The Episcopal Conference can determine more particularly ways in which fasting and abstinence are to be observed. In place of abstinence or fasting it can substitute, in whole or in part, other forms of penance, especially works of charity and exercises od piety.

(Code of Canon Law 1249-1253)

ABSTINENCE

“The law of abstinence prohibits meat and soups made of meat but not of eggs, milks, and other condiments, even if taken from animals.”

FASTING

"The law of fast prescribes that there be only one meal a day; but it does not forbid a little taken in the morning and evening, observing, nevertheless, the aproved custom of places concerning the quantity and quality of the food.

It is not forbidden to mix meat and fish in the same meal; or to exchange the evening meal with lunch."

(Pio-Benedictine Code [1917], 1250-1251)

Source: The Roman Missal (1962), Baronius Press

These are the things that faithful Catholics must do. However, Catholics do more than this; they meditate on the Scriptures, confess their sins regularly, and pray the Scriptures through the recitation of the Holy Rosary. Not all Catholics pray the Rosary, but many do.


#14

For me, to live by faith means putting Jesus Christ first in everything. It means, loving, as loves. It means becoming more Christ-like.

Jim


#15

Aside from the legalistic aspects, or the rules of the faith, I strive to live my life in the manner in which Christ lived his. He showed us how to live, and I try to be more like him every day.

I know that I am a sinner, and I know that Christ has redeemed me, and continues to redeem me everyday. I strive to defeat sin and remain faithful to Christ, and his Church.

The way to live the faith is to live like Christ and follow his commandments.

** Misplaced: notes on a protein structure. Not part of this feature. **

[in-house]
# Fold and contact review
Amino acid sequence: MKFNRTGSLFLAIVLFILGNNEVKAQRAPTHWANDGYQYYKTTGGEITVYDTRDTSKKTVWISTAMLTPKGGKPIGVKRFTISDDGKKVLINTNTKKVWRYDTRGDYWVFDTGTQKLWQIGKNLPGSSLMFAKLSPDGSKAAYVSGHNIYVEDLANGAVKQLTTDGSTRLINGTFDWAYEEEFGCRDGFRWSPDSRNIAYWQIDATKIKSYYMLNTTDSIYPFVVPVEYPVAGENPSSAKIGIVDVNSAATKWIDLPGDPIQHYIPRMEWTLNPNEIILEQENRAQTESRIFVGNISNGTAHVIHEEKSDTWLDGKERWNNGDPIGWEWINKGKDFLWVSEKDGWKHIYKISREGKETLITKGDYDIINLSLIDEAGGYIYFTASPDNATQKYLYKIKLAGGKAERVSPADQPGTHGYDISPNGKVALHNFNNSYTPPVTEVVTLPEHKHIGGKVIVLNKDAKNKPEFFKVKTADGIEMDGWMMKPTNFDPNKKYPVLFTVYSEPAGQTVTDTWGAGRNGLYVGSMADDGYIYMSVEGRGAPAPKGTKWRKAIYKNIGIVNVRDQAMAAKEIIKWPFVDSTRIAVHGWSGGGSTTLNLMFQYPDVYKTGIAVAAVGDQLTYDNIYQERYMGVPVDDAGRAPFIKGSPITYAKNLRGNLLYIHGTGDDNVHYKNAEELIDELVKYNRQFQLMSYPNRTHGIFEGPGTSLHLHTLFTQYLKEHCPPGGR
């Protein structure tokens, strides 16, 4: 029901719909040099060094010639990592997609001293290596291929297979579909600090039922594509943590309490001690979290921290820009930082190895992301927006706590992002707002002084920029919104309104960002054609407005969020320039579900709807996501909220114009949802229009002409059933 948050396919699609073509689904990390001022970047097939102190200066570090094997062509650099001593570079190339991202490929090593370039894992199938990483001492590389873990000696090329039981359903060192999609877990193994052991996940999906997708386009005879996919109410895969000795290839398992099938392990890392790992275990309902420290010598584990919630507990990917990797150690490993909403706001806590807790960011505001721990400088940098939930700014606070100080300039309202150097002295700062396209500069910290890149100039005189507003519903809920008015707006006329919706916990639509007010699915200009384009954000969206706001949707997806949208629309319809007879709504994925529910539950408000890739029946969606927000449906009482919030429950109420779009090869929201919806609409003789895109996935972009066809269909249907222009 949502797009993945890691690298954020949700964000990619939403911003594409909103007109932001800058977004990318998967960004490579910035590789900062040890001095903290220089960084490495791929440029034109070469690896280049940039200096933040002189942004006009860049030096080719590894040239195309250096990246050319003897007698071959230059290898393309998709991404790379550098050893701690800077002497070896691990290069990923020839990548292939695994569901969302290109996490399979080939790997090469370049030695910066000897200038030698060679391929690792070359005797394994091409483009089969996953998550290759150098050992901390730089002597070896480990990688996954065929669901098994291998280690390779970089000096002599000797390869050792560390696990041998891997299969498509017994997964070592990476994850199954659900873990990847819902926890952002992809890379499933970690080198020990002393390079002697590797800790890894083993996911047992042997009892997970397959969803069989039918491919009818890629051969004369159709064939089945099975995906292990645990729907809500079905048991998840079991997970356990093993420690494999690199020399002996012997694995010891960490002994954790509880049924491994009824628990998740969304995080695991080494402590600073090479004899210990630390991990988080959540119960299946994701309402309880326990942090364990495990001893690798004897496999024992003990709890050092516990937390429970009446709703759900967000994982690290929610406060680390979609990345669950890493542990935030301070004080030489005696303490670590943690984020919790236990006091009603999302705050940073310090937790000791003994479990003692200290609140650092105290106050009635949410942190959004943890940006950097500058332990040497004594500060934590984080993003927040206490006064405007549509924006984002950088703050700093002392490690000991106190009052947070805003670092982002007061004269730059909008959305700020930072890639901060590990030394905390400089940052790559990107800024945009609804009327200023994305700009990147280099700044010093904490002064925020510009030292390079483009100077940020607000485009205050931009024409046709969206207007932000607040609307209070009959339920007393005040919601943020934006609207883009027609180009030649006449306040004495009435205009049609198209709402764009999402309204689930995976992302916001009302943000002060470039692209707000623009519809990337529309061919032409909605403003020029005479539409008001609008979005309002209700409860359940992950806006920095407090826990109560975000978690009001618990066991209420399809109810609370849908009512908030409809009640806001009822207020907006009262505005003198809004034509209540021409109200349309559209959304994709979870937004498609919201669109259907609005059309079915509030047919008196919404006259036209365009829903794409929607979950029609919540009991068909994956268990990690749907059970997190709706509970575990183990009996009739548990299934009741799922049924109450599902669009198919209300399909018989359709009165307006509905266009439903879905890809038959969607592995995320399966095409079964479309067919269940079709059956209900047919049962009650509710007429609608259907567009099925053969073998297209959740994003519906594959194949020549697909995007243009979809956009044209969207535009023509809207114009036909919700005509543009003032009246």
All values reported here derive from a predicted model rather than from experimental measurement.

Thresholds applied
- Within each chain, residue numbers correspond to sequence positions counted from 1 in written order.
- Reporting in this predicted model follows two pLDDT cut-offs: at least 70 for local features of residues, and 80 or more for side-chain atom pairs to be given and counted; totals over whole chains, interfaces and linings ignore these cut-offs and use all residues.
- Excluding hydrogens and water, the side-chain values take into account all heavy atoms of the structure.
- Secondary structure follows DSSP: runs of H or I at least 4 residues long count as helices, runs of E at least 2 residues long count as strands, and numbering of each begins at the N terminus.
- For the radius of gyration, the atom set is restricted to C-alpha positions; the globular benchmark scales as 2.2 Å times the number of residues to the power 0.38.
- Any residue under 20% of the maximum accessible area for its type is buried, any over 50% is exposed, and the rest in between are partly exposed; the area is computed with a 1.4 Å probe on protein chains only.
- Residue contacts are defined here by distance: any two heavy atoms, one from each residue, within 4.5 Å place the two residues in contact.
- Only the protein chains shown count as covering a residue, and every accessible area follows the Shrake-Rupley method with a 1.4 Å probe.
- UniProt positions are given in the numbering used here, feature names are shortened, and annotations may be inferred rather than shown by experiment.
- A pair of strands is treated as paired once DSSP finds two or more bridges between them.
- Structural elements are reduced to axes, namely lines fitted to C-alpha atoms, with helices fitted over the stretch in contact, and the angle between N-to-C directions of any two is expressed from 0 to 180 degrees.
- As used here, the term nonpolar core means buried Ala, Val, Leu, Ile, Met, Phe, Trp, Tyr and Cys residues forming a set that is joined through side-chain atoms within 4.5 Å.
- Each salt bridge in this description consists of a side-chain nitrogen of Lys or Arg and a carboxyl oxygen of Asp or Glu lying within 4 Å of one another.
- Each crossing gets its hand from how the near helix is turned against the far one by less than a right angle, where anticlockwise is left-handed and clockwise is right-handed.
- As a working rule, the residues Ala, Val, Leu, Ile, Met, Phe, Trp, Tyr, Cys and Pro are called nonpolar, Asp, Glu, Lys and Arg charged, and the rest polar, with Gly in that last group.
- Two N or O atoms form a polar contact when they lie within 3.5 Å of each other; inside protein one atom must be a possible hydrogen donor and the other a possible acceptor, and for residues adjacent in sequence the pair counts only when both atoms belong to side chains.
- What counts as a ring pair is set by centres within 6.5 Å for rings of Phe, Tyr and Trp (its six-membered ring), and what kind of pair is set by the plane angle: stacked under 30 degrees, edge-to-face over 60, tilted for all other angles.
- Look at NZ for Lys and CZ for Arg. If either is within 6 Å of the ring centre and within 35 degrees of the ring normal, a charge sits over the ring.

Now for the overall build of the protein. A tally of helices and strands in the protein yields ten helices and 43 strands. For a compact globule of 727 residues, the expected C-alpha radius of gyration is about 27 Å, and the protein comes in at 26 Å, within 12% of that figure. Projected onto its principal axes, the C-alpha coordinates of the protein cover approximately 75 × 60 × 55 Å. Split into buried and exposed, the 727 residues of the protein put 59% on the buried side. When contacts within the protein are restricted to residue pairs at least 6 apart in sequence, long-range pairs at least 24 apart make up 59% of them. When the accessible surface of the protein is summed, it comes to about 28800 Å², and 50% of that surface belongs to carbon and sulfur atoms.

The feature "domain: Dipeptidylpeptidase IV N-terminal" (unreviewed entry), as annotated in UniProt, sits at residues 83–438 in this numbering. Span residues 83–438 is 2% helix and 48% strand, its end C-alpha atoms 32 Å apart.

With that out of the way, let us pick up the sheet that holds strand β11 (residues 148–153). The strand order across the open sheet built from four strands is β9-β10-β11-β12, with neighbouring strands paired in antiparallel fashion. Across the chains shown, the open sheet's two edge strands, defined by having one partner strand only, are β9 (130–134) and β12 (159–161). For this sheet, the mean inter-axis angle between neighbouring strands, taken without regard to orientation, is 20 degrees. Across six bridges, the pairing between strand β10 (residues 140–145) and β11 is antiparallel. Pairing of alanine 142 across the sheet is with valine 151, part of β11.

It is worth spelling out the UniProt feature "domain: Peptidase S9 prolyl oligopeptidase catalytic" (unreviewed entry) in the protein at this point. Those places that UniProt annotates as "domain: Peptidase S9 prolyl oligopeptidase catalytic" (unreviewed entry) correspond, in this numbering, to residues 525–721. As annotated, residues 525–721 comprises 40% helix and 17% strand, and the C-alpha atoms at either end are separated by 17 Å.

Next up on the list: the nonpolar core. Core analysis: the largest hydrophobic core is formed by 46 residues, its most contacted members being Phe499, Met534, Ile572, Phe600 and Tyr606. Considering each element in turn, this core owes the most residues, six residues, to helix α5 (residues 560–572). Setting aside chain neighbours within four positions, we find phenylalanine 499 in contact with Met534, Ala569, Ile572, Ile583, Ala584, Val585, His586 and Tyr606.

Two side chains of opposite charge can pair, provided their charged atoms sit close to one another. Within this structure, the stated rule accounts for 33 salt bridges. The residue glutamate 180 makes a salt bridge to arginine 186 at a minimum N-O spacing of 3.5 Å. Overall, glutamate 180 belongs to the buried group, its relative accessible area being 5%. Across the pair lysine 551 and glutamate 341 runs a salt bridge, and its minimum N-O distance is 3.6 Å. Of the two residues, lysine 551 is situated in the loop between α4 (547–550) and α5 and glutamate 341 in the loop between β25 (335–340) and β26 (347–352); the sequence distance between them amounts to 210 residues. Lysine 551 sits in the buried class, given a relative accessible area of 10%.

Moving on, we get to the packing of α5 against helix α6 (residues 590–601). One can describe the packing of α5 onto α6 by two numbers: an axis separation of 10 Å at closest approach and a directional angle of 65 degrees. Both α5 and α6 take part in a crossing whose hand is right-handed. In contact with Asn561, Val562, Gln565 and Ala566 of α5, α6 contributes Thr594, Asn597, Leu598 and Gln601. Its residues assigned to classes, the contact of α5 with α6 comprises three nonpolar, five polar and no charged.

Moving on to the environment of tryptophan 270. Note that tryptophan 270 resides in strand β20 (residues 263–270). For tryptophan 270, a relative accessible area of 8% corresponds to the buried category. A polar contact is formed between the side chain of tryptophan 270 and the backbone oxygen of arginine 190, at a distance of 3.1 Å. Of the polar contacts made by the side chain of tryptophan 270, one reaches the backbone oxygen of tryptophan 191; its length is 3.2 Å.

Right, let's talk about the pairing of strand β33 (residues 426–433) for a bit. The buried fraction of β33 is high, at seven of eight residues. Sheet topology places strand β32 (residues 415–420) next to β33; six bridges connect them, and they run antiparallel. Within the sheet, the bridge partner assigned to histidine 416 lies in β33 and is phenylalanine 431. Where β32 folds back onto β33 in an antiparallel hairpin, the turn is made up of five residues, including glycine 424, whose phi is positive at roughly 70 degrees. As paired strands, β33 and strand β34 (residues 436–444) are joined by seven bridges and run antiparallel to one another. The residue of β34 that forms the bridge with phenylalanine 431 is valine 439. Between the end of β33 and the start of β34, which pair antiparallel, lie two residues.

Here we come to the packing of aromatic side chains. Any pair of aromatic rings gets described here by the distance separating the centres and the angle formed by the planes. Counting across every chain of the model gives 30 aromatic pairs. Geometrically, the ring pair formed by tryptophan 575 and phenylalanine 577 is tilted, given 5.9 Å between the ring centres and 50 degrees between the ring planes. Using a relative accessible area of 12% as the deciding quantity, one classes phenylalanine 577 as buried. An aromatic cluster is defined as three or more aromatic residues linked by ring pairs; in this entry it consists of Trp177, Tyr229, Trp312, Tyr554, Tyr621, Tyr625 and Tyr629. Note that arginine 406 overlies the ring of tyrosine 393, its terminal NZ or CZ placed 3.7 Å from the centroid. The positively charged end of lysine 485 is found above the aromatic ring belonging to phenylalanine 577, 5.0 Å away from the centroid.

#16

I’m a former Protestant. My Protestant parents introduced me to the Lord, and I came to know Him personally at the age of 15. He gave me many wonderful spiritual experiences as a Protestant, and ended up leading me into Catholicism at the age of . . . last Pentecost, so 23.

I can tell you how living by faith in day to day life has changed for me, upon becoming Catholic.

While I was Protestant, this was my system of behavior when I wanted to know things from my dear Lord:

I would first pray and ask Him for his view. Then I would research what the Scripture has to say on the matter. Then I would come to an interpretation that appeared to me to make the most sense. I would ask the Spirit to direct me to God’s will on the matter, would often have a spiritual experience or moment of illumination, and then would feel I had Scripture, Reason and the confirmation of the Holy Ghost on the matter (our Counselor, as Christians), so for me the matter was settled.

I would pray to the Lord throughout day to day activity, receiving signs often or other words in answer to my prayers. I think God did greatly bless me.

The shift to Catholicism came after a spiritual dark spot in my life and, I believe, the Virgin Mary’s intercession. I described that side of the shift recently in the patron saints thread in this Spirituality forum.

The change for me was monumental. Like smacking your face in ice water.

I HAD THE EUCHARIST! :smiley: HALLELUJAH!!!

There is nothing in the entire world like the Catholic Eucharist. I had reverenced the Protestant Eucharist and had gone to different presentations of the Protestant Eucharist, from an Episcopal church to an Assemblies of God, but they are nothing in comparison. Nothing. Like eating a peanut vs. eating a steak and mash potatoes. Sorry if you find that insulting at all :o.

The Catholic Eucharist is at the heart of my faith life. It is the single most important feature of what makes me Christian. It is Life.

The kinds of spiritual experiences I’ve had surrounding that Eucharist blow me away. Eating the Eucharist itself blows me away. Glory be to God. His glory consumes the Eucharist completely. It is the most exquisite delight anyone can partake of on Earth.

That’s the most dominant feature of what changed for me, the glory of the Eucharist sweeping up my earlier spiritual existence and filling it with overflowing new life.

The Eucharist is what matters most.

Aside from it- the other sacraments were big changes. The Catholic Confession, I found, is wildly powerful to knock out sins. It’s like a giant hammer. Wham. Sin gone. Lol.